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Vet Pathol. 2007 May;44(3):298-308.

Cellular proliferation in canine cutaneous mast cell tumors: associations with c-KIT and its role in prognostication.

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Comparative Medicine and Integrative Biology Program, Michigan State University, Lansing, MI 48910, USA.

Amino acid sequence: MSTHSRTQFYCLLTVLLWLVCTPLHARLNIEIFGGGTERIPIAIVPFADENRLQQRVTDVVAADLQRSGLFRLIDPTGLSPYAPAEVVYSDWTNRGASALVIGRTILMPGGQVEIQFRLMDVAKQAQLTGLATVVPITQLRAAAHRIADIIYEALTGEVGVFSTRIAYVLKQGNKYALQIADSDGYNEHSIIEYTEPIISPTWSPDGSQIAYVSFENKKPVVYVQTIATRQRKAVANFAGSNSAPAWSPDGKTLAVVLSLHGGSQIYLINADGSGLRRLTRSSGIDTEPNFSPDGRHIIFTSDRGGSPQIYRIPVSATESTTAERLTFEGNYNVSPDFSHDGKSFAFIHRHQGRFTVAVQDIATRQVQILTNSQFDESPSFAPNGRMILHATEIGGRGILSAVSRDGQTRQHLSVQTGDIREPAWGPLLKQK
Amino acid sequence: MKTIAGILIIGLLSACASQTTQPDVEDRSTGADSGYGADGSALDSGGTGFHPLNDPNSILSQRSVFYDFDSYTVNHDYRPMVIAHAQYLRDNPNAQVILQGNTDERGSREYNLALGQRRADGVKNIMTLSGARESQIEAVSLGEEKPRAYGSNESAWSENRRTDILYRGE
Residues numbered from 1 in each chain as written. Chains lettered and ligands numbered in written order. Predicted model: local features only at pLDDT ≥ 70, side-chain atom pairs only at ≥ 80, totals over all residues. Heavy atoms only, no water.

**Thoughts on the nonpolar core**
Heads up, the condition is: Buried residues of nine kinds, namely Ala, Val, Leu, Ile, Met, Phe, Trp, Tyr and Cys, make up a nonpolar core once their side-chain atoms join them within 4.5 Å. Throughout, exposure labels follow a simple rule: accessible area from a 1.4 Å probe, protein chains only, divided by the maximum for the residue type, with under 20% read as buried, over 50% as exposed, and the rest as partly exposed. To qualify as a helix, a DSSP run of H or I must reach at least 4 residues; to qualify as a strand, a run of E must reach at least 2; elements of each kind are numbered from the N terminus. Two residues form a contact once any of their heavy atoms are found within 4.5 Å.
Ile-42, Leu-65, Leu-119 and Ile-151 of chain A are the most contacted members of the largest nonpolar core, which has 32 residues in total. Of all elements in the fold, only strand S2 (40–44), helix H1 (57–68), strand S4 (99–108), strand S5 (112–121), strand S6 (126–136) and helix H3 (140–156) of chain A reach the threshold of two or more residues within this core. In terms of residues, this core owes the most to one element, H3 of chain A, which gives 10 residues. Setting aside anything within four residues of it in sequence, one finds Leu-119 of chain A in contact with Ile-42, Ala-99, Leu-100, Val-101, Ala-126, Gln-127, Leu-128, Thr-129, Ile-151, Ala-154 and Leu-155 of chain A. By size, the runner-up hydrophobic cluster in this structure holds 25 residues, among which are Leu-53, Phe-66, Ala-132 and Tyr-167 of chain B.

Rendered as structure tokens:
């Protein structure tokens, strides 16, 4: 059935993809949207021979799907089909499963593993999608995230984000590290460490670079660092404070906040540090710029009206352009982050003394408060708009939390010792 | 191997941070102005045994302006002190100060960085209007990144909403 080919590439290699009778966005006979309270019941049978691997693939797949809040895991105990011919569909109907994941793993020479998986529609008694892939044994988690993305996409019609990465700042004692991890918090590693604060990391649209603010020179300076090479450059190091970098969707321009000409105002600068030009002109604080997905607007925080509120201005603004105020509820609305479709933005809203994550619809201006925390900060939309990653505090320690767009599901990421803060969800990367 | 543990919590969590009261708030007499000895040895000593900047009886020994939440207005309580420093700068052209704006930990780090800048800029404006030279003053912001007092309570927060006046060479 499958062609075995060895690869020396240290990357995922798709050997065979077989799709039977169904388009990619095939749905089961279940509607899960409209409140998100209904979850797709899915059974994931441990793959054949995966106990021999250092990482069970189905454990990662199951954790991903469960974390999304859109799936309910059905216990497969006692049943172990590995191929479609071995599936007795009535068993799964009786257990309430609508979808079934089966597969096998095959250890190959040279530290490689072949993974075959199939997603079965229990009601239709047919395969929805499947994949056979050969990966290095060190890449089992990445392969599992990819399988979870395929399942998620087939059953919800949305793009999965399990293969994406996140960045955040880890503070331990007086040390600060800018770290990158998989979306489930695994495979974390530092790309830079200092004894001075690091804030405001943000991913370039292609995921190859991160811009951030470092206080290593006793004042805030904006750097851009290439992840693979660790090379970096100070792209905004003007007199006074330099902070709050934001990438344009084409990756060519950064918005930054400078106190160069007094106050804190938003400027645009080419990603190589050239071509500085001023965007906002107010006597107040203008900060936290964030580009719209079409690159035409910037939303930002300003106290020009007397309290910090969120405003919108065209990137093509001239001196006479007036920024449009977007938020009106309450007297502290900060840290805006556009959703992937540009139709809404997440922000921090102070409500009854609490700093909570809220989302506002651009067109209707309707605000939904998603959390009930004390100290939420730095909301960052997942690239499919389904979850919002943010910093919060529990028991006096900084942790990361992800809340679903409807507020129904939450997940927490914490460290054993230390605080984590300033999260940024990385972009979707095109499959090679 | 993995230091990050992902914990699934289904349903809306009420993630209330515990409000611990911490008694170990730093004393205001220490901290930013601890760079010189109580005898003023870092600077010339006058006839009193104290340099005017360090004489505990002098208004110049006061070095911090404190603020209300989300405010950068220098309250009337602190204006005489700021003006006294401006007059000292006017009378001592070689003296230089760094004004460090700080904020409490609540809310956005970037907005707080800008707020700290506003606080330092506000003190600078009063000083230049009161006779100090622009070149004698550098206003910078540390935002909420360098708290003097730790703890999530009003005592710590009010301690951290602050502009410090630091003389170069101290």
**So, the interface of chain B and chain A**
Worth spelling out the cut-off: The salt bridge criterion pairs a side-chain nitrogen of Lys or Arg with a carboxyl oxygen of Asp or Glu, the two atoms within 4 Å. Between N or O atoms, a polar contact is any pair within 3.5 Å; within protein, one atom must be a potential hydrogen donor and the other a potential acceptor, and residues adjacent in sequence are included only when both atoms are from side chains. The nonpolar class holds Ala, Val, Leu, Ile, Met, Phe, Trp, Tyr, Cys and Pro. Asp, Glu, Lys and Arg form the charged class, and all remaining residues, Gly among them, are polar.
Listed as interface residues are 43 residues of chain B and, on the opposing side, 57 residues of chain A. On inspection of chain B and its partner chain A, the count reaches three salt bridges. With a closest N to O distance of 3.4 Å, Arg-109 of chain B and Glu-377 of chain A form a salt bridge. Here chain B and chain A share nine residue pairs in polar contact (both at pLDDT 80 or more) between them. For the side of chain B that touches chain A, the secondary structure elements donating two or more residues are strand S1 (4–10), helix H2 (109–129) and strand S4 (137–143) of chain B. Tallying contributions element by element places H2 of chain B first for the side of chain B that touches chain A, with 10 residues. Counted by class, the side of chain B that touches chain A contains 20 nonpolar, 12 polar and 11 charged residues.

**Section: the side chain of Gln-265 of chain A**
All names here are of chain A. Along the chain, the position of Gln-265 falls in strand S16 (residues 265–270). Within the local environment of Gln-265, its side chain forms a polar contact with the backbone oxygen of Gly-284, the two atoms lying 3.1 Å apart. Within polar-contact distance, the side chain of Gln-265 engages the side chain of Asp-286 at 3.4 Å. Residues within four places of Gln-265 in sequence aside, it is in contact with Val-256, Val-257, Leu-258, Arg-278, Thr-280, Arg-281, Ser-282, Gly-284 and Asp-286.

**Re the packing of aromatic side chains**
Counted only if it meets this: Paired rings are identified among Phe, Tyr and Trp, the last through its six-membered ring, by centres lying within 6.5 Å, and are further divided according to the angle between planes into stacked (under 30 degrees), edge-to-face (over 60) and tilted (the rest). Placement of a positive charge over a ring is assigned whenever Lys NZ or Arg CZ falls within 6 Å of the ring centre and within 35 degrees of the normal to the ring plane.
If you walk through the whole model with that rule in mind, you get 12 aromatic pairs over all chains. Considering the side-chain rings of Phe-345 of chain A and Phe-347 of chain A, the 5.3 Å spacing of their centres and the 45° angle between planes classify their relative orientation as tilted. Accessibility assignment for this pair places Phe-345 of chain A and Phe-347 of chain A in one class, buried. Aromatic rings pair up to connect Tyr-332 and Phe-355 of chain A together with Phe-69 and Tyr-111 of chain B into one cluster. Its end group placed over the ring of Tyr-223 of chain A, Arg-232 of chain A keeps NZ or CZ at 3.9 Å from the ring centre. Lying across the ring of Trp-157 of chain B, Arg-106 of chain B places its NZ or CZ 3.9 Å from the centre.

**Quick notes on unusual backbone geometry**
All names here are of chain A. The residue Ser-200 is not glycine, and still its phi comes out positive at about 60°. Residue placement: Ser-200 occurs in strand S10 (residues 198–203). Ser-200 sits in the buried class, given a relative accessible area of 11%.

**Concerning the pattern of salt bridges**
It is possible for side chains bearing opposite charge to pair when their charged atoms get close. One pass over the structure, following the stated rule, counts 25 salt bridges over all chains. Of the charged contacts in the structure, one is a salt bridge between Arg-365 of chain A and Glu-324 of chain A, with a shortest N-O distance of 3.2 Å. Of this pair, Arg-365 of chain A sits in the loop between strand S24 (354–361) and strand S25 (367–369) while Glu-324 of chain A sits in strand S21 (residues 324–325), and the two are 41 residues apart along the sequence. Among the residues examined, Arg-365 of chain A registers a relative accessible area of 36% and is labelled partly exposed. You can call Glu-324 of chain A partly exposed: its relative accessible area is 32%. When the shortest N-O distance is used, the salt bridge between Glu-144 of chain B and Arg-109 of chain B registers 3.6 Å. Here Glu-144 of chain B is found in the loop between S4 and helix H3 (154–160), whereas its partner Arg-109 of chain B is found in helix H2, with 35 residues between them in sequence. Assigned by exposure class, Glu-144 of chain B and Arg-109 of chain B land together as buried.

Canine cutaneous mast cell tumor (MCT) is a common neoplastic disease in dogs. Due to the prevalence of canine MCTs and the variable biologic behavior of this disease, accurate prognostication and a thorough understanding of MCT biology are critical for the treatment of this disease. The goals of this study were to evaluate and compare the utility of the proliferation markers Ki67, proliferating cell nuclear antigen (PCNA), and argyrophilic nucleolar organizing region (AgNOR) as independent prognostic markers for canine MCTs and to evaluate the use of these markers in combination, as each marker assesses different aspects of cellular proliferation. An additional goal of this study was to evaluate the associations between cellular proliferation and c-KIT mutations and between cellular proliferation and aberrant KIT protein localization in canine MCTs. Fifty-six MCTs treated with surgical excision alone were included in this study. Each MCT was evaluated for Ki67 expression, PCNA expression, and KIT protein localization using immunohistochemistry; for AgNOR counts using histochemical staining; and for the presence of internal tandem duplication c-KIT mutations using polymerase chain reaction amplification. In this study, increased Ki67 and AgNOR counts were both associated with significantly decreased survival. On the basis of these results, we recommend that the evaluation of cellular proliferation, including evaluations of both Ki67 expression and AgNORs, should be routinely used in the prognostication of canine MCTs. Additionally, the results of this study show that MCTs with aberrant KIT protein localization or internal tandem duplication c-KIT mutations are associated with increased cellular proliferation, further suggesting a role for c-KIT in the progression of canine MCTs.

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